|Topic Review (Newest First)|
|07-10-2007 03:02 PM|
Originally Posted by sailingdog
Not really... it depends on how the dock is designed. Many places have a square dock at the end of a long walkway near the ramp. This allows you to tie off the bow and let the boat point into the wind for just about any wind direction. Just depends on the dock.
|07-10-2007 12:19 PM|
Have you tried launching from a beach or shore instead of the busy boat ramp area?
In my teenage years, I sailed a Sunfish. On busy days we would just carry it over to the beach and launch from there. Plenty of manuverablity, no other boats to contended with, and no ramp to get in my way.
A boat ramp is generally not needed to launch a small boat.
You should be able to do it from shore. (Unless the shore line is all rock or similiar)
|07-10-2007 11:02 AM|
Ahh those were the days...
I can't add anything to what these folks have said, but i will say that I, too learned on a Puffer. What a great little boat! I'm sorry i sold it! (I ALWAYS had a paddle on board and always used it getting away from unfamiliar docks with other traffic around - like impatient bass fishermen).
|07-10-2007 10:48 AM|
|arbarnhart||The Puffer is a 12' fairly light rowing/sailing dinghy. Unless there is fairly strong wind or current, a good shove should get you far enough out to begin sailing. When the sail is up and free, it is generally pushed off to one side or the other by the wind. When you get in and start to sail, you want to pull the sail back toward the center of the boat with your weight off center on the other side of the boat. Launching capsizes (a phenomenon I am all too familiar with) generally occur when you are on the same side of the boat as the sail is or wants to be.|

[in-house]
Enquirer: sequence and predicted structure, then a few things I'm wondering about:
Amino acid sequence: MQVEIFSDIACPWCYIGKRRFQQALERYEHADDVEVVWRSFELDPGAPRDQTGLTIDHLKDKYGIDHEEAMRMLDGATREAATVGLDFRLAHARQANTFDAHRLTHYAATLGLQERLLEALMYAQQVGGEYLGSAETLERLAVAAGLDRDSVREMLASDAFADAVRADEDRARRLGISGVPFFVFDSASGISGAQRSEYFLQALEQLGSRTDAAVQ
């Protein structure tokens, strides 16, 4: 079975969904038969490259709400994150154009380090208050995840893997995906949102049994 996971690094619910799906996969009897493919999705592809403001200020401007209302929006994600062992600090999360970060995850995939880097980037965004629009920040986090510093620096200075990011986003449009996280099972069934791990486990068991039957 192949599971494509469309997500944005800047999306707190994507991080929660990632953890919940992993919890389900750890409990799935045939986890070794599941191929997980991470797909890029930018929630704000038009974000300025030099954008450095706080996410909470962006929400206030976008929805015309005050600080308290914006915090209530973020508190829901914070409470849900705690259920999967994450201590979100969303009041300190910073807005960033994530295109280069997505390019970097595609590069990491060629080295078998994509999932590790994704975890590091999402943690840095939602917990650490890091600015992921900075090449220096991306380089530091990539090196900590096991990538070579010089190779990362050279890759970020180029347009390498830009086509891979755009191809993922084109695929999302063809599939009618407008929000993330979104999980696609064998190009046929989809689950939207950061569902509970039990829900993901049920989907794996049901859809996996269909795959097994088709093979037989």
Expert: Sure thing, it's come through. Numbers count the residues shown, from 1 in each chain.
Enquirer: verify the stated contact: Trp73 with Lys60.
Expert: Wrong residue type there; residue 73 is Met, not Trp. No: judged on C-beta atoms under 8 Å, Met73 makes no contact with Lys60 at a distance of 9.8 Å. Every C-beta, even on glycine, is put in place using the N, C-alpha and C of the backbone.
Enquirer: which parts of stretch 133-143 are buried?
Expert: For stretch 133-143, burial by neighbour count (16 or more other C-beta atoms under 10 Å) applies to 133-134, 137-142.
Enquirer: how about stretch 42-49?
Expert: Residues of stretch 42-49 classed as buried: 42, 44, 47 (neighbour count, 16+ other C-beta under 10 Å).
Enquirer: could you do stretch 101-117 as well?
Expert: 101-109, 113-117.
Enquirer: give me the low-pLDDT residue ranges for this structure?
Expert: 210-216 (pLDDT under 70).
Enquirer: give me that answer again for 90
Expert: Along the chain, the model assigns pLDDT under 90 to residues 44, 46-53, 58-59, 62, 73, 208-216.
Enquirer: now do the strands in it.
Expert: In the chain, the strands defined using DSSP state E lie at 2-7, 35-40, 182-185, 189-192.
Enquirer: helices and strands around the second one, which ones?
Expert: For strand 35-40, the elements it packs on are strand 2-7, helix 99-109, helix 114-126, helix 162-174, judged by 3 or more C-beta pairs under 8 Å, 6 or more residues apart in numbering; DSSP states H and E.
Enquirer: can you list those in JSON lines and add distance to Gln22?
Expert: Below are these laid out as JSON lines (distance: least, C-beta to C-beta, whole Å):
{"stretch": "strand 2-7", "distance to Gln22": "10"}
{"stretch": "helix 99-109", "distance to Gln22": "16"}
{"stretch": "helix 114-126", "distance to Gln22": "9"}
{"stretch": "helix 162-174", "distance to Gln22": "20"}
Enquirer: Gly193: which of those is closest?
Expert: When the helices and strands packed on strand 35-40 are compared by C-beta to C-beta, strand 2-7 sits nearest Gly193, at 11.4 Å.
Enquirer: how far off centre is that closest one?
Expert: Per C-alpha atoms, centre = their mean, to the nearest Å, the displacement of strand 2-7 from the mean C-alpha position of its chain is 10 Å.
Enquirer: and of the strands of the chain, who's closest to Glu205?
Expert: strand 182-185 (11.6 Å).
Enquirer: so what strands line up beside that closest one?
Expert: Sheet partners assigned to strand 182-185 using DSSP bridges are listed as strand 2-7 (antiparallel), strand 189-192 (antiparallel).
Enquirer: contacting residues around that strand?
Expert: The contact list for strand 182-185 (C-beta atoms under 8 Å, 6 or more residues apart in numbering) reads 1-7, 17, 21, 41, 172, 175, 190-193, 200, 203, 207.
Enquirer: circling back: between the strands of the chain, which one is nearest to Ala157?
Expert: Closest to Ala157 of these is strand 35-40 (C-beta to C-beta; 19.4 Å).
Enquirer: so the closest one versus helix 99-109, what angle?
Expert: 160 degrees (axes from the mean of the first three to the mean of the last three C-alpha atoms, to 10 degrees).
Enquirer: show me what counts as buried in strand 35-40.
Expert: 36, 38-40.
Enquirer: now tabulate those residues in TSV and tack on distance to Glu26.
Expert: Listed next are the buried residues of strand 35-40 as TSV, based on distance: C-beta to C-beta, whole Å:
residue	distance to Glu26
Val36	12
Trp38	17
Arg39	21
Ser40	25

|07-10-2007 10:41 AM|
|knotaloud||I teach sailing to kids at a local club. You wanna see a cluster, try it with ten, overanxious 12 year olds, all at the same time. Obviously the wind direction can mess things up, but generally, if you point the bow into the wind (or in that direction) with dock lines loosely wrapped fore and aft, then raise both sails (while still tied up) allowing them to luff. Then push the boom over it to catch the wind, when it fills, release the bow line. Then ease the boom as the bow comes away from the dock. Sheet in the jib on the leeward side. Let go the stern line and sail away. Easy right? Practice makes perfect.|
|07-10-2007 10:30 AM|
|skipwalker||This is great info. I think I will love sailing as I have always wanted to do it, and this forum is very nice. Thanks.|
|07-10-2007 10:12 AM|
|sailingdog||Cam... that's even more basic than what Seidman covers...|
|07-10-2007 09:25 AM|
Here's some good basics. Basic Sailing
A canoe paddle makes a good "engine" for getting away from the dock. (G)
|07-10-2007 09:13 AM|
|sailingdog||Of course, to do what Matt has suggested requires the wind be coming from across the land or docks... which may or may not be the case.|
|07-10-2007 09:05 AM|
As a new sailor myself I have encountered the same problems. What I have done in the past when in doubt was to paddle out from the pier. Lately I have been doing as Txmatt recommended, point the bow of my boat into the wind and raise the sail, then head out.
Hang in there and it will get easier. Everytime I go out I have learned something new.
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